Tertiary enrolments for mining engineering students have been in decline for six years as the industry has struggled to attract young talent, according to the Minerals Council of Australia (MCA).
The current crop of around 300 mining engineers that graduated from Australian universities is expected to fall to just 50 by 2022.
Warnings of an impending skills shortage in the mining and resources industries have prompted a response from suppliers who are rising to meet the challenge.
One way to deal with this potential problem is through the democratisation of skill sets through ever-improving technology.
Komatsu’s latest dozer, the D375Ai-8, provides a way to fill a skills gap for operators in this regard. The company celebrated the 72.9-tonne dozer’s Australian launch at an event in Brisbane last November, and has big plans for the machine in 2019.
“It’s all part of the progress towards fully autonomous dozers and I think the timing is extremely fortuitous,” Komatsu Australia mining product manager Michael Hall tells Australian Mining.
“There is an expectation that technology can fill a lot of the skills gap so it won’t bite as hard as it did last time around.”
The Ai-8 boasts a SAA6D170E-7 Tier 4 diesel engine, which incorporates features to substantially reduce particulate matter and other emissions compared with previous generation engines.
It also reduces fuel consumption through a heavy duty EGR (exhaust gas recirculation) system, a hydraulically driven radiator cooling fan and Komatsu’s auto idle stop system.
It is rated at 455 kilowatts in forward and 558 kilowatts in reverse, a capacity that helps to reduce cycle times and bank cubic metre costs during downhill dozing runs, considered the most efficient method of bulk dozing.
Compared to its predecessor, the D375A-6, engine power has also been increased by 20 per cent when reversing, resulting in an 18 per cent boost to downhill dozing production.
Fuel consumption has also been reduced by up to 10 per cent due to the inclusion of an automatic gearshift transmission that selects the optimal gear range to meet the needs of the machine.
“Komatsu dozers have long been recognised for their high performance pushing and ripping capability, with Dash 1 generation dozers still in service, in Australia, New Zealand and around the world,” Hall says.
“With this latest Dash 8 model, key frame improvements offer superior levels of durability and reliability for many years of service in challenging working environments.”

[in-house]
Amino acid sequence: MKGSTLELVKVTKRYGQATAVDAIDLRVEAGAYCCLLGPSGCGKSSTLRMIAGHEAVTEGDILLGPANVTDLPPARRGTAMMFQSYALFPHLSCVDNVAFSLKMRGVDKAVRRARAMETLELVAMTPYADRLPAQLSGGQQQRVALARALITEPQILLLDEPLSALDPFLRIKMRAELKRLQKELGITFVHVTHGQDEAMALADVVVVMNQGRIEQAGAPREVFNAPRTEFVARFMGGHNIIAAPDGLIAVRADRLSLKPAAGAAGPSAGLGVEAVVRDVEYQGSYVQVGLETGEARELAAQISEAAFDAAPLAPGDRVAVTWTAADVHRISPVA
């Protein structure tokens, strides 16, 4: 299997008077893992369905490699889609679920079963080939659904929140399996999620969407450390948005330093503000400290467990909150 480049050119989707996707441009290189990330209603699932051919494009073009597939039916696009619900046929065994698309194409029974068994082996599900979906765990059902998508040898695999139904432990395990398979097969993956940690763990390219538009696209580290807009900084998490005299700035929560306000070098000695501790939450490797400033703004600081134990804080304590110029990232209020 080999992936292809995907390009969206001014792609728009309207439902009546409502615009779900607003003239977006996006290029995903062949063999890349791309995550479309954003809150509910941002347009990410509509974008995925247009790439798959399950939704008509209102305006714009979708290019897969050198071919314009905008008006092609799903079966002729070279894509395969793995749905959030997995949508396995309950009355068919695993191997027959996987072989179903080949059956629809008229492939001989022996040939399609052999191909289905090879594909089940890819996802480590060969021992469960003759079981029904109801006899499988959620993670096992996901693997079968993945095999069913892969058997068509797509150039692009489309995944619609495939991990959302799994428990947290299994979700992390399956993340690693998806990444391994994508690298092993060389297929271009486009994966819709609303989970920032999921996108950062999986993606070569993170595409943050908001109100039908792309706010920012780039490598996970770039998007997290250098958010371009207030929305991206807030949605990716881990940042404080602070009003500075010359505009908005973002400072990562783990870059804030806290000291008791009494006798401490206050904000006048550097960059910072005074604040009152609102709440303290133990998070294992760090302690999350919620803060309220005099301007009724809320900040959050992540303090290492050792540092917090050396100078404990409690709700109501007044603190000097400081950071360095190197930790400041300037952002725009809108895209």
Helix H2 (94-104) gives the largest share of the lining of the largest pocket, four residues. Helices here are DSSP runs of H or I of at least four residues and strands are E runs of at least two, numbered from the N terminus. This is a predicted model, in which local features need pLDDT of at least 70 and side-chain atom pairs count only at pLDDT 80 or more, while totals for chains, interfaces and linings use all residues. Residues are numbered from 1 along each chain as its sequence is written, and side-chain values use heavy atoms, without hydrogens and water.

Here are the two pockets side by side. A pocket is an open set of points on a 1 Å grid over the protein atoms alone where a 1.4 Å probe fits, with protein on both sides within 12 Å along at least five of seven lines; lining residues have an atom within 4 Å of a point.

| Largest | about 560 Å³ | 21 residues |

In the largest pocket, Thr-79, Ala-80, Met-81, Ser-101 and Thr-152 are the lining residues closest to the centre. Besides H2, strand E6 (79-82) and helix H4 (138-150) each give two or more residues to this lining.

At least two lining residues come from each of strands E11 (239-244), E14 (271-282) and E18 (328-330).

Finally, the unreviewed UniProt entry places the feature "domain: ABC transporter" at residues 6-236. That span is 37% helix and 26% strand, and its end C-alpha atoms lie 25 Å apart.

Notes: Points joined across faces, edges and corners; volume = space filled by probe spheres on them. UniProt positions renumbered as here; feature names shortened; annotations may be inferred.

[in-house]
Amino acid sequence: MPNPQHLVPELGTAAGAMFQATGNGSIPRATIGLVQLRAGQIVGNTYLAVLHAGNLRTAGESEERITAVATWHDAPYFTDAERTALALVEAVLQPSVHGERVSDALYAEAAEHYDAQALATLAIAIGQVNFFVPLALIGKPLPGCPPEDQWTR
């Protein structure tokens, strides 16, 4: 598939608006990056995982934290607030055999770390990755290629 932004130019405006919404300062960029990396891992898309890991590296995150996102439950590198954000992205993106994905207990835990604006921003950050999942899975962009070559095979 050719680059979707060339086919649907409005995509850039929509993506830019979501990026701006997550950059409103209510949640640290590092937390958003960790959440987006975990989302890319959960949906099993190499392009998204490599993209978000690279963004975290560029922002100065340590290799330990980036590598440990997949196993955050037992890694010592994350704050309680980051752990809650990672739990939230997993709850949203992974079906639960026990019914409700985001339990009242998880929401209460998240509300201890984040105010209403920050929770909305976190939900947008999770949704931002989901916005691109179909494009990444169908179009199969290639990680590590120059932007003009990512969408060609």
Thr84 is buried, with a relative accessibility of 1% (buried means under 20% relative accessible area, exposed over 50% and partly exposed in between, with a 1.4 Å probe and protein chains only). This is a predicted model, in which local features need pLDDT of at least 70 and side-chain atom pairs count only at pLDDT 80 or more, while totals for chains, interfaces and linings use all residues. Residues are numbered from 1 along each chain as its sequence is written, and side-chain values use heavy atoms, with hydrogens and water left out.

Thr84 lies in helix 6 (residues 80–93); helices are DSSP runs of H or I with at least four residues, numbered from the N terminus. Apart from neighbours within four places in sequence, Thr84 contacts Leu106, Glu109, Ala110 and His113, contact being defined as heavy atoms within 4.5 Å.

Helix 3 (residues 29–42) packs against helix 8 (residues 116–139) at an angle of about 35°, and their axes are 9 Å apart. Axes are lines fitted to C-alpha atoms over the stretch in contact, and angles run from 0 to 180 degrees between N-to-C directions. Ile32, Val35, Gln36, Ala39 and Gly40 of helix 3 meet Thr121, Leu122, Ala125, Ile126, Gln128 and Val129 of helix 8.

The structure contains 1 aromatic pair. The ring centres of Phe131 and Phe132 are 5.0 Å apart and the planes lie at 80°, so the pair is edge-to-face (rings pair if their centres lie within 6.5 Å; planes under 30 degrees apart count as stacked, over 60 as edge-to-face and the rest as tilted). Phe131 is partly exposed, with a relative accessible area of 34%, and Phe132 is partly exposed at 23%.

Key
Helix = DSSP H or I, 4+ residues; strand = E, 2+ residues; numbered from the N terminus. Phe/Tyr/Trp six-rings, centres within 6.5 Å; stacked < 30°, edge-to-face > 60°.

While it shares the same engine under the hood as the A-8, the Ai-8 builds on that model’s success with an increased focus on ease of use and efficiency through the incorporation of several automated systems, including a fully automated dozer blade.
This blade is designed to be able to cut to within 300 millimetres of final design surface, at which point the machine automatically switches to fine blade control to whittle the surface down to within 50 millimetres over or under the surface.
This allows the operator to concentrate on directional movement without becoming overloaded by the controls. This also includes auto blade pitch and auto ripper stow, as well as carrying over the automatic transmission and lockup torque conversion of the A-6 series.
Real-time operational analysis is available from the operator’s dash and can be sent to the site office via standard 3G and 4G communication networks in order to check progress against plans and allow for near-real-time adjustments as required.
This includes Komtrax Plus integration for equipment monitoring. A report can be delivered remotely based on a machine’s operating data, which further boosts productivity and lowers fuel consumption.
“The ‘Ai’ can also be referred to as intelligent machine control (iMC). It’s all about accuracy, mining to plan, and getting the feedback so you can see what’s happening on a near real-time basis,” Hall explains.
“It results in better productivity from the whole fleet because the machine controls the blade, which means that operators who perhaps aren’t as highly skilled or as experienced as the best operators onsite will be getting very similar levels of production from the dozer.”
These quality-of-life improvements extend to the design of the cabin itself, which offers improved visibility over previous models. The A-8/Ai-8 allows operators to see the tip of the ripper, which means they can see where it is put in the ground.
The corner tips of the blade are also visible from the operator’s seat. Cabin glass has been made longer and engine cowling narrower to further improve visibility.
“The skills shortage is what iMC is targeted at; it’s about being able to have the technology on the machine so that you don’t need those highly skilled 20-year veterans to get the kind of production that you require,” Hall adds.
This is particularly handy for applications such as coal mining when cutting the final layer of overburden as it allows operators to see if they are cutting into an interburden seam, waste material or the coal itself.
This also helps during mine rehabilitation works, where the accuracy of profile dozing is of the utmost importance.
Already noted in the mining industry for its expertise with driverless haul trucks through its autonomous haulage system (AHS), the Ai-8 represents Komatsu’s largest step yet towards its ambitious realisation of the fully autonomous dozer.
“Komatsu has been making haul trucks move autonomously for over 20 years, and the mining products we’re seeing being released now are a culmination of the development of other products and a true stepping stone towards fully autonomous machines,” Hall concludes.
This article also appears in the February edition of Australian Mining.